Bending on Sri Lanka
BOTH sides in Sri Lanka's longstanding ethnic conflict will have to bend to fit together peacefully. The result should be well worth that extra effort. A smaller independent state for the Hindu minority Tamils, who represent less than 20 percent of the island's 15 million people, is no solution. Intermittent negotiations have been under way since 1983. From the start, militant Tamils have insisted that the Northern Province in which Tamils predominate and the Eastern Province, where Tamils used to outnumber other ethnic groups but now account for only one-third of the population, must be treated as one unit. The Buddhist Sinhalese government's latest offer, rejected a few months ago by the Tamils and by the Buddhist clergy on the government's right, is on the table again; it would give the north and part of the Eastern Province power over their own land distribution, police forces, and education through provincial councils.
The government should weigh other concessions, taking a firmer stand against pressures from the Buddhist clergy on the right. Still, the current Sinhalese proposal goes a good distance toward meeting past Tamil concerns about lack of control over their own affairs. Moderate Tamils are largely amenable to the proposal; militant Tamils, representing fewer than 7,000 of the island's 3 million Tamils, are not. Moderates must find a way to keep Tamil militants from calling the shots.
The Sinhalese government has often taken inexcusably harsh measures against Tamils and villagers suspected of aiding the militants. To pressure the militants into more concessions, the Sinhalese for some weeks have blockaded fuel and aluminum going into Jaffna, the militants' northern stronghold. Government officials recently said they hope to relax the blockade; they should follow up on that pledge and move cautiously in any effort to retake the northern peninsula.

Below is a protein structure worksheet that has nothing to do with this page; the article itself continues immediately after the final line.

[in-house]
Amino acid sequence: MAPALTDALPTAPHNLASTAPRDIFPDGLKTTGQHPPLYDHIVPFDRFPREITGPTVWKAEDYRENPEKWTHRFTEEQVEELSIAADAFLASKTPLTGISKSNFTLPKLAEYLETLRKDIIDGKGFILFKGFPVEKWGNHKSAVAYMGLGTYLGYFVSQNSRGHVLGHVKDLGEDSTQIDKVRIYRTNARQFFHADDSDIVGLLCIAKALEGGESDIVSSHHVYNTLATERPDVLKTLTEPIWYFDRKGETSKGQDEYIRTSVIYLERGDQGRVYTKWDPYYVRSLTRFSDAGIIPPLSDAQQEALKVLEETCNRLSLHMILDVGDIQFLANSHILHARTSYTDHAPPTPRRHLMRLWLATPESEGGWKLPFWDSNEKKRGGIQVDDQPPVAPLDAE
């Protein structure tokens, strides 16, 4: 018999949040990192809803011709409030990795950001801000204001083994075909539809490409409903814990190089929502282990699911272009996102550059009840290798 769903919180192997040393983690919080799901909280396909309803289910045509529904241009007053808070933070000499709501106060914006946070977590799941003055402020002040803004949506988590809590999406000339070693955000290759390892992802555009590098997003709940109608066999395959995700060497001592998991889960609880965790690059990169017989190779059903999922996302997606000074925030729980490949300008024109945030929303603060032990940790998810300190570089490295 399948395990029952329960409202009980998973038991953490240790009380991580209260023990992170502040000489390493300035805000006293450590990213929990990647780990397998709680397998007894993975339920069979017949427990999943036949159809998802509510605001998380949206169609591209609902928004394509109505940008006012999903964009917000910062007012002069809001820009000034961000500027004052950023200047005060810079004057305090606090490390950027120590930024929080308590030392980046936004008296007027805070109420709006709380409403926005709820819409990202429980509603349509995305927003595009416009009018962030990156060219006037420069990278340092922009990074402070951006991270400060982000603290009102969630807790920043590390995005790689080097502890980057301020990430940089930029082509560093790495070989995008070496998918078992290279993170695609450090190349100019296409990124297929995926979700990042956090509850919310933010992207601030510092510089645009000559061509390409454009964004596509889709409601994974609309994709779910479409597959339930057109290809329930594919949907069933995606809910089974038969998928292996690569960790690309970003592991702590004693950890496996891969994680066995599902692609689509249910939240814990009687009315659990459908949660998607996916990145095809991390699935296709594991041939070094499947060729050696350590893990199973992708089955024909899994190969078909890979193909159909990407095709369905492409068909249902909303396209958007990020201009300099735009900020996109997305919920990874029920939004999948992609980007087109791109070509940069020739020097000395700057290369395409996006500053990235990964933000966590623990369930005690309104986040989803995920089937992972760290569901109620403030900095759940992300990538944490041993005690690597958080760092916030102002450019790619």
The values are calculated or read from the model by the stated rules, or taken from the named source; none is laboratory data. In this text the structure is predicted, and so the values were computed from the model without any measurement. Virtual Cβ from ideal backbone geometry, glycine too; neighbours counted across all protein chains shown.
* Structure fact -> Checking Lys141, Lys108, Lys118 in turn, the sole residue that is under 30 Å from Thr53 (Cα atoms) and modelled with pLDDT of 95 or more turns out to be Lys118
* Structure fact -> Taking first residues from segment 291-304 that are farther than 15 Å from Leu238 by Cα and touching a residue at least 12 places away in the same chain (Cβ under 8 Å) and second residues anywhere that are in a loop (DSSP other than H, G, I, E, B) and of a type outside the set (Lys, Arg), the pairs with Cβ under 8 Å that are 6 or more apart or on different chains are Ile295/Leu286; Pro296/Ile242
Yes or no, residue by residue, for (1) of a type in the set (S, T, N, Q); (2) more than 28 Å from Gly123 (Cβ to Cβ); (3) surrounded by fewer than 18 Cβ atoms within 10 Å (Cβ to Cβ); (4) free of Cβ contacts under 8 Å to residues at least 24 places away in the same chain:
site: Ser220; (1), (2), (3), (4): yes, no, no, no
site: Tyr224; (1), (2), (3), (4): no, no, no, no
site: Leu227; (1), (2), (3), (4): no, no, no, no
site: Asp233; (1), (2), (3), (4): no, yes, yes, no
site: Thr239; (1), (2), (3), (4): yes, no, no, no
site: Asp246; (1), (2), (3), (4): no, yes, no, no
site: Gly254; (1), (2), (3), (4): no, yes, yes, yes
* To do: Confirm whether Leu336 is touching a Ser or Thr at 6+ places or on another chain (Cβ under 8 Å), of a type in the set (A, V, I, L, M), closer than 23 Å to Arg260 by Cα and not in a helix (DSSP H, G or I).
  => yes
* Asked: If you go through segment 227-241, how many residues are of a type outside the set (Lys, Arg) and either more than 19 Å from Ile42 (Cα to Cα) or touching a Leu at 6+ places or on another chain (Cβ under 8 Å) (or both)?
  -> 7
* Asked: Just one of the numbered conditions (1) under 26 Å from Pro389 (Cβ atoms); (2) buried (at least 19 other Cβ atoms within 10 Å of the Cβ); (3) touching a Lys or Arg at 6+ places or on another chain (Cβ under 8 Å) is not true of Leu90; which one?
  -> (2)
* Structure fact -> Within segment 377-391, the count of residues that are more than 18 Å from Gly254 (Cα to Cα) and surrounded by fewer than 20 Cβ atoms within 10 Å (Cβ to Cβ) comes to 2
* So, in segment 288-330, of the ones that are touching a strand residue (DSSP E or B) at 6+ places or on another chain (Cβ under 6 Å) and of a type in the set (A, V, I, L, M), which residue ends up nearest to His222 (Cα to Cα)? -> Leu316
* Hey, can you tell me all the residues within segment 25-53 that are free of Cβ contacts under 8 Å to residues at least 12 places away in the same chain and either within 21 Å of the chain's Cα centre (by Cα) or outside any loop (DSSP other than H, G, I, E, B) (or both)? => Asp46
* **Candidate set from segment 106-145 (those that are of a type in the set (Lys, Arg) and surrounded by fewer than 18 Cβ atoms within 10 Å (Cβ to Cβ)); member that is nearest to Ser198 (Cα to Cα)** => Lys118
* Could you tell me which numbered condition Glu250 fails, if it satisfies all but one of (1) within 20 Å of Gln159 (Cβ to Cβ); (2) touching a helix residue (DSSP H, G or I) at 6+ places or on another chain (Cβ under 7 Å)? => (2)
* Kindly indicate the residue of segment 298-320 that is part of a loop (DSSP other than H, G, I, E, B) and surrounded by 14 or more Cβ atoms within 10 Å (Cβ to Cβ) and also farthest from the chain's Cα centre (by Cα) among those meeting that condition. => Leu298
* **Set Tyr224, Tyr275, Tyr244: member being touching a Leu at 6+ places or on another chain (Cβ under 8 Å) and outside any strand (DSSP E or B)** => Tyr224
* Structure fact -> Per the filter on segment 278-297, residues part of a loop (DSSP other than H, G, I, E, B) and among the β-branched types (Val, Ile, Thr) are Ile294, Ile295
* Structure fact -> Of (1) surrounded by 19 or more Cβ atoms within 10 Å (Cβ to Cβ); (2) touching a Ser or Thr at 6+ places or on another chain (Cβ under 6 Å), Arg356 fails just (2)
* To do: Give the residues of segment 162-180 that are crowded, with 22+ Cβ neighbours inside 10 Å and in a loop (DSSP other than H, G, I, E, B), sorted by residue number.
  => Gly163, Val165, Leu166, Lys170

It is unfortunate that India, with its large Tamil population and special ability to act as a mediator in Sri Lanka's troubles, has pulled back as a broker in the talks. Indian officials, disturbed by the failure of moderates in both groups to temper extremes, feel their best efforts have been spurned. India says its reinvolvement hinges on removal of the government's economic blockade against the north and a halt in government military operations. Colombo should try to accommodate those concerns; India's role in the talks is vital.
Meanwhile, Sri Lanka's economic problems remain considerable. Unemployment is 22 percent; foreign debt repayment accounts for one-fourth of the national budget. Moderate Tamils in the United States urge Washington to use its aid, which has dropped 50 percent in the last three years, as a lever to encourage a settlement. The US correctly resists: Tamil militants would likely feel little of any such pressure.
Continued internal pressure and compromise within Sri Lanka, however, will likely play a key role in helping the Tamils and Sinhalese to find a way to live together in one nation.